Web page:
Disgraced former comedian and gelatin salesman Bill Cosby is currently serving 3 to 10 years behind bars for the sexual assault of Andrea Constand.
Another woman is pressing charges against him.
But a new report says that Cosby is already working on a way to weasel out of trouble.
Andrea Constand was the first to receive a courtroom victory against the once-beloved actor, but she was one of over 60 accusers.
One of Cosby's accusers says that there is a sex tape of her assault out there, and her attorneys plan to secure it and use it in court.
That woman, Chloe Goins, intends to be the next survivor to take Cosby to court -- this time, ina civil case.
She says that he raped her at a 2008 party at the Playboy Mansion.
However, Cosby has a plan to avoid having to face his accuser in court.
RadarOnline reports that Bill Cosby has proactively filed a motion.
He is seeking to have his statute-of-limitations defense litigated in court before anything else.
In legal documents obtained from Los Angeles Superior Court, he filed a motion to bifurcate his statute-of-limitations defense.
This means that his other legal arguments -- of which he has plenty -- will take a back seat to his assertion that he is protected by statute.
It sounds like he or his attorneys are confident that this angle could secure an early victory for him.
In the motion, filed on Monday, March 25, Cosby claims that two years have gone by and that he is owed a ruling on his statute of limitations defense.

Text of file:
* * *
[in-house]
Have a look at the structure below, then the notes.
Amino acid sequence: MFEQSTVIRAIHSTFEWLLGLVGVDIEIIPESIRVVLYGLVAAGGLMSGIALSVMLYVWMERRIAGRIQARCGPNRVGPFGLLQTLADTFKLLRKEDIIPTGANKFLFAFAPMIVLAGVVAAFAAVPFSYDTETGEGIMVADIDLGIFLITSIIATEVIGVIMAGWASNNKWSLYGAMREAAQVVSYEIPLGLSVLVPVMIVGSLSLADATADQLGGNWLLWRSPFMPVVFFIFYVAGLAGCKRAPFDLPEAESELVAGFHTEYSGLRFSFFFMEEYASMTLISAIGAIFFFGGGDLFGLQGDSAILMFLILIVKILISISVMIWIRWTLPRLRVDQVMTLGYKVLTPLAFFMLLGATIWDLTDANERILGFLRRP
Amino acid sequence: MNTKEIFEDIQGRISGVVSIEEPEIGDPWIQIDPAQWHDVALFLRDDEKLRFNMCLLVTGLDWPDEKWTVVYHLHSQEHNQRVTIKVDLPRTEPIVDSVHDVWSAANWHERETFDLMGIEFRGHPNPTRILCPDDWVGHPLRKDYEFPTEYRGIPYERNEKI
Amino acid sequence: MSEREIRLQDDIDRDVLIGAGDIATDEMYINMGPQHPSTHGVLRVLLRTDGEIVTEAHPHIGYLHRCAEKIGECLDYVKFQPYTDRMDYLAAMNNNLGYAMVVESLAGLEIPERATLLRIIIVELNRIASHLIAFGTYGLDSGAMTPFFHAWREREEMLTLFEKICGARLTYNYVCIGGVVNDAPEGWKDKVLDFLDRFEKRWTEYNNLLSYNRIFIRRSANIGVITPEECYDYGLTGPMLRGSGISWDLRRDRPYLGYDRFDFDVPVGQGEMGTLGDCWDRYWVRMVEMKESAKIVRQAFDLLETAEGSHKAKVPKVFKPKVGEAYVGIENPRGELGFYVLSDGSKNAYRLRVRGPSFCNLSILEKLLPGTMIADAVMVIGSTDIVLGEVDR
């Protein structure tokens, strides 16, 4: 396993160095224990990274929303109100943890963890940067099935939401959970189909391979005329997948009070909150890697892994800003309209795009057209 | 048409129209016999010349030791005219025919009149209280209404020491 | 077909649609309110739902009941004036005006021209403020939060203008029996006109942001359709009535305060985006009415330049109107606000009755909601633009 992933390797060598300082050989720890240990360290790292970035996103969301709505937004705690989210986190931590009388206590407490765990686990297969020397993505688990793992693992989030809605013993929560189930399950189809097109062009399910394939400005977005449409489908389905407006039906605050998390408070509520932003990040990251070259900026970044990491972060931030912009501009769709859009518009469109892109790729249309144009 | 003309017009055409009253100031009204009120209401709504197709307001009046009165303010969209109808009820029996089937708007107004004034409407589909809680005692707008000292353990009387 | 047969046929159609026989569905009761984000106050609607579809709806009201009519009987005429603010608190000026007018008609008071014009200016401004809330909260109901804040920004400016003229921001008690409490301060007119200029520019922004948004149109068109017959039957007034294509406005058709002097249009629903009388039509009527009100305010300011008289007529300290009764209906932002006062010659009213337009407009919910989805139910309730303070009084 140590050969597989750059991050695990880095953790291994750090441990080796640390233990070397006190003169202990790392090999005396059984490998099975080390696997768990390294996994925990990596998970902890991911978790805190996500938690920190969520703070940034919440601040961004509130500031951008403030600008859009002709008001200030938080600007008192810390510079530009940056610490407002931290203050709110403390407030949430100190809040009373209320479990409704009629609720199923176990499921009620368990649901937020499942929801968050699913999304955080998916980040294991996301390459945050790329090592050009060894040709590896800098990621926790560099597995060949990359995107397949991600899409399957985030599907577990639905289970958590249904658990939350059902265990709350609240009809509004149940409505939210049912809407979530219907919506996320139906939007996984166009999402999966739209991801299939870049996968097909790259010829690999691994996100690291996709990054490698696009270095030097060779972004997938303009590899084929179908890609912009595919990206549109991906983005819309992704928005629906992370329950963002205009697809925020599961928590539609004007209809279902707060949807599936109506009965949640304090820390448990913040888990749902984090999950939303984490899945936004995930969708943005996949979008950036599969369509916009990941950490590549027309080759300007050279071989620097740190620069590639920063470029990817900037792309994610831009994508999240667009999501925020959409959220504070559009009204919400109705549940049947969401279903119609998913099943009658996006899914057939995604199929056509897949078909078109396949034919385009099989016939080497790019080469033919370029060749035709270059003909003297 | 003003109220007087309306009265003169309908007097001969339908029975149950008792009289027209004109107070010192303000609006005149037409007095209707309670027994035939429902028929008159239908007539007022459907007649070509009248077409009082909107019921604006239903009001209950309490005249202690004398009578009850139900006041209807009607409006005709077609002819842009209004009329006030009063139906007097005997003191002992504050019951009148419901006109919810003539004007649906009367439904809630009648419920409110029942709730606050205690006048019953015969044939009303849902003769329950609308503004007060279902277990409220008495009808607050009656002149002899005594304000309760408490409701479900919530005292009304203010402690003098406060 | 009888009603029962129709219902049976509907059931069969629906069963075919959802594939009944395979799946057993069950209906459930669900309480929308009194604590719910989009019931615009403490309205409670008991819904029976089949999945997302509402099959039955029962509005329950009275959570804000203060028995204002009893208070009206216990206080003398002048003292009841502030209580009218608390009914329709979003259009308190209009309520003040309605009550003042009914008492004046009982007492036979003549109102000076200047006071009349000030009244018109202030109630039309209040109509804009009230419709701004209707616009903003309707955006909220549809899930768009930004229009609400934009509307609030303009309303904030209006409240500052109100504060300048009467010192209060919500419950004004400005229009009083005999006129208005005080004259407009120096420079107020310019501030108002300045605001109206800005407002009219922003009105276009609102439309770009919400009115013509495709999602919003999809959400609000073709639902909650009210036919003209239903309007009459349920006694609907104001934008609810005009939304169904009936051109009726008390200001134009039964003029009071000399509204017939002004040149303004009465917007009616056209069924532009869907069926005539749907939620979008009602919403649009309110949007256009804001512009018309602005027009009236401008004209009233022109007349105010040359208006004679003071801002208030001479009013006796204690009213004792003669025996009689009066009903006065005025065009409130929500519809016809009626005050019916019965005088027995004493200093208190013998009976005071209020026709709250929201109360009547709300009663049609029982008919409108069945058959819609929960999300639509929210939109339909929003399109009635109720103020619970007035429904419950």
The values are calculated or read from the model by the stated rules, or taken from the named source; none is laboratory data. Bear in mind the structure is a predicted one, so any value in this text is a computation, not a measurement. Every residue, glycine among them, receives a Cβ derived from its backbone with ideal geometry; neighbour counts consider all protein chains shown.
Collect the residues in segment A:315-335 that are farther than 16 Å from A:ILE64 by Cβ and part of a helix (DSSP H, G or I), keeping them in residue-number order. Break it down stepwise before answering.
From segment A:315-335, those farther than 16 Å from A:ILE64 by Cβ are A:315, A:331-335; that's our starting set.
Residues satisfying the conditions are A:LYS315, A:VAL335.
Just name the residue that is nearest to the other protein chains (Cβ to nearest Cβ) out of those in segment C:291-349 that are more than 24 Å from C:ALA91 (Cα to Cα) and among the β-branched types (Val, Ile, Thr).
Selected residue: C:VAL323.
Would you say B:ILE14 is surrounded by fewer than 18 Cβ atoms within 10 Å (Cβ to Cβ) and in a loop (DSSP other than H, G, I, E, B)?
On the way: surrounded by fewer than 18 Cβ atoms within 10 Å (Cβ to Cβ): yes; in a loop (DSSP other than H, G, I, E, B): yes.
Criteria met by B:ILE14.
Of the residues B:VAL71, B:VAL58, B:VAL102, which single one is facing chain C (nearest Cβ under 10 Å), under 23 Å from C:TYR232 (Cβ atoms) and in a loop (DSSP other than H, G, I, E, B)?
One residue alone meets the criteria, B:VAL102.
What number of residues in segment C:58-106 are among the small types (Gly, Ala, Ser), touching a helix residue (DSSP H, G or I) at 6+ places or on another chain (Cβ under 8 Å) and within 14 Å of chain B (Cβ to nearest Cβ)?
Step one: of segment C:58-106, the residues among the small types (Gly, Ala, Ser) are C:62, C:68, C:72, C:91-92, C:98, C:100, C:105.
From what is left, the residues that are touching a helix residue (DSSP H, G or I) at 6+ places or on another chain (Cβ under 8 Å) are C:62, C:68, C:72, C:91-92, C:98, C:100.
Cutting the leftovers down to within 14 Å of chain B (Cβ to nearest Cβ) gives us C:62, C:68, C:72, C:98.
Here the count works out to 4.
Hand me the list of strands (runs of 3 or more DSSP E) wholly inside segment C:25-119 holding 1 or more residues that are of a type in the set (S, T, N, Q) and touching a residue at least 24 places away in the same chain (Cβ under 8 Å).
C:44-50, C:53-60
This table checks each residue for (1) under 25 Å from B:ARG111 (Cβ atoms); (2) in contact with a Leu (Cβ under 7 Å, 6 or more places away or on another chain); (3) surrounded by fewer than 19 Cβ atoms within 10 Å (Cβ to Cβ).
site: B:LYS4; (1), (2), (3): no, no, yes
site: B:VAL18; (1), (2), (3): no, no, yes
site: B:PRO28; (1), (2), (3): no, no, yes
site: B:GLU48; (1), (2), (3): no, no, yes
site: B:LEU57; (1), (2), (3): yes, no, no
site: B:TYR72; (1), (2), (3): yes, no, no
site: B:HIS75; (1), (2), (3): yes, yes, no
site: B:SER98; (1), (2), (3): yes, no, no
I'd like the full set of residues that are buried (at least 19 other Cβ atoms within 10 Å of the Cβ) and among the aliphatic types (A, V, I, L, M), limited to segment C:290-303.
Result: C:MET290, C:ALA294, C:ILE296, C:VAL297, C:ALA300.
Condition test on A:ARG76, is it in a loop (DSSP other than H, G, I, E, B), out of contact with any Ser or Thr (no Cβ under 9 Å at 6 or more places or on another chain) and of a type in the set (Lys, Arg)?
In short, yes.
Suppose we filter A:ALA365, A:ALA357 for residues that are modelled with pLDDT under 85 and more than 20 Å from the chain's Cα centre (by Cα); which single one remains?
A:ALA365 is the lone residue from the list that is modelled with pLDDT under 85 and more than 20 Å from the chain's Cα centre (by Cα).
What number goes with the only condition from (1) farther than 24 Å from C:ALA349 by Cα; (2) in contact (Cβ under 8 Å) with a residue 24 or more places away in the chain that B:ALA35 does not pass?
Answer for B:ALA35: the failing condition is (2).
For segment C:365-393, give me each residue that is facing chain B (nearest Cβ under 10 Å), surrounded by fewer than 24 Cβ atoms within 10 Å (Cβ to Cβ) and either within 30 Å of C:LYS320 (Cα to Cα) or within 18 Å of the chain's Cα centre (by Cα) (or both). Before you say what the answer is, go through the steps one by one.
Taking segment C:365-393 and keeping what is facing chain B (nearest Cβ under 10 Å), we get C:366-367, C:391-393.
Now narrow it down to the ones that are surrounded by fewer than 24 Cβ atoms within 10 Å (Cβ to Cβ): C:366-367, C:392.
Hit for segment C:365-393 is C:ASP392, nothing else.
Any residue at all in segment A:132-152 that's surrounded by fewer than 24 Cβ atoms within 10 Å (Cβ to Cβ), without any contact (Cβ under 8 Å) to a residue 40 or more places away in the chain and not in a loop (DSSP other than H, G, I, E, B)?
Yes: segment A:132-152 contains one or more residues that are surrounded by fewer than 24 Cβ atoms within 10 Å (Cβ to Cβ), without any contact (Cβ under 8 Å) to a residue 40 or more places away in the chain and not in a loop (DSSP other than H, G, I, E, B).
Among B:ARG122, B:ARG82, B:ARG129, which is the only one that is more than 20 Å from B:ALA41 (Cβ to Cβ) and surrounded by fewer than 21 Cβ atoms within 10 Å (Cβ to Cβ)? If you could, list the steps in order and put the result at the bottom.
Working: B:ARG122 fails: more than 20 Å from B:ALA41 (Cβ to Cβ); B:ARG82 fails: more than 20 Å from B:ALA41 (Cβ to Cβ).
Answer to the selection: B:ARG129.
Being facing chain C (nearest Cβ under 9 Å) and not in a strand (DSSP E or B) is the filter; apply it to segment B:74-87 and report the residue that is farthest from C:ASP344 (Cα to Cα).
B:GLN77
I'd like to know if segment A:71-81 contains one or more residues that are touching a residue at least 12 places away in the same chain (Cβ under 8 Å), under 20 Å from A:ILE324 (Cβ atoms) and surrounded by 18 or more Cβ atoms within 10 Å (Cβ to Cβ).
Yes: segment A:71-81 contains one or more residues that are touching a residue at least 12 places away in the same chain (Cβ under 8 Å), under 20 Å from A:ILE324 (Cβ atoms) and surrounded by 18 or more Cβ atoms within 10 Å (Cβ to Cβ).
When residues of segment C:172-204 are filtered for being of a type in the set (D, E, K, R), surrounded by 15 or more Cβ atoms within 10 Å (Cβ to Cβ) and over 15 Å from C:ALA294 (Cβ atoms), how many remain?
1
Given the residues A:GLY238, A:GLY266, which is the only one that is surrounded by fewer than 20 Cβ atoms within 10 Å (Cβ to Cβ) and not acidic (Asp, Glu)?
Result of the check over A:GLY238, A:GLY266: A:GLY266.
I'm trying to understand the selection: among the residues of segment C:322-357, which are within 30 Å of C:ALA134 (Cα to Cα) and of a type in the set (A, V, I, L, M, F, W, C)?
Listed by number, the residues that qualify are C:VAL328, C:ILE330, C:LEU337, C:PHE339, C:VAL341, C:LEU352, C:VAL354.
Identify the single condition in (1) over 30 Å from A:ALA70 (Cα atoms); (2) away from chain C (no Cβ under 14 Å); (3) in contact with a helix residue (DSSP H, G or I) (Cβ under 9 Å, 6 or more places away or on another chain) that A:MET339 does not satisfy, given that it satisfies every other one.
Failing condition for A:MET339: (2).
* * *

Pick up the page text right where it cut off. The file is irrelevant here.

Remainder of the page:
Cosby notes that Goins is poised to request extensive discovery in the case.
If the court determines that he is protected by statute of limitations, he notes, then her discovery request is moot.
The court will have to make a judgment of facts to determine if the case can proceed.
Was he a California resident between 2008 and 2016? Was he engaged in Interstate commerce.
Sometimes, these questions and answers can be much more complicated than they sound.
The court documents make it clear that Cosby continues to try to use his age to gain sympathy from anyone willing to listen.
"Bifurcation will conserve party and judicial resources," his motion argues.
"Which is particularly important in this case," the documents claim. "Given Mr. Cosby’s age."
The filing also cites "the difficulties he faces in coordinating meetings with counsel."
"And," the motion mentions. "The significant implications that discovery in this action may have on the constitutional rights."
The papers note that Cosby has rights "that continue to attach to Mr. Cosby during the pendency of his criminal appeal."
"Mr. Cosby therefore respectfully requests that the court grant the instant motion to bifurcate in its entirety," the motion demands.
We're no legal experts, but many times, wealthy defendants file a slew of motions.
If something sticks, that's great for them.
But even if their motions are denied, they tie up court time -- and inflate court costs -- making a lawsuit or prosecution both slow and expensive.
Like the other 60 accusers who have come forward, Chloe Goins is surely entitled to share her story with the court and to try to prove her case.
She may not succeed -- sexual assault can be notoriously difficult to prove because of the design of our legal system.
But when a woman comes forward and says that a convicted sexual predator targeted her and that there may even be video evidence ... that doesn't sound like a waste of the court's time.
As always, we hope that justice is done and that the court reaches the morally appropriate decision.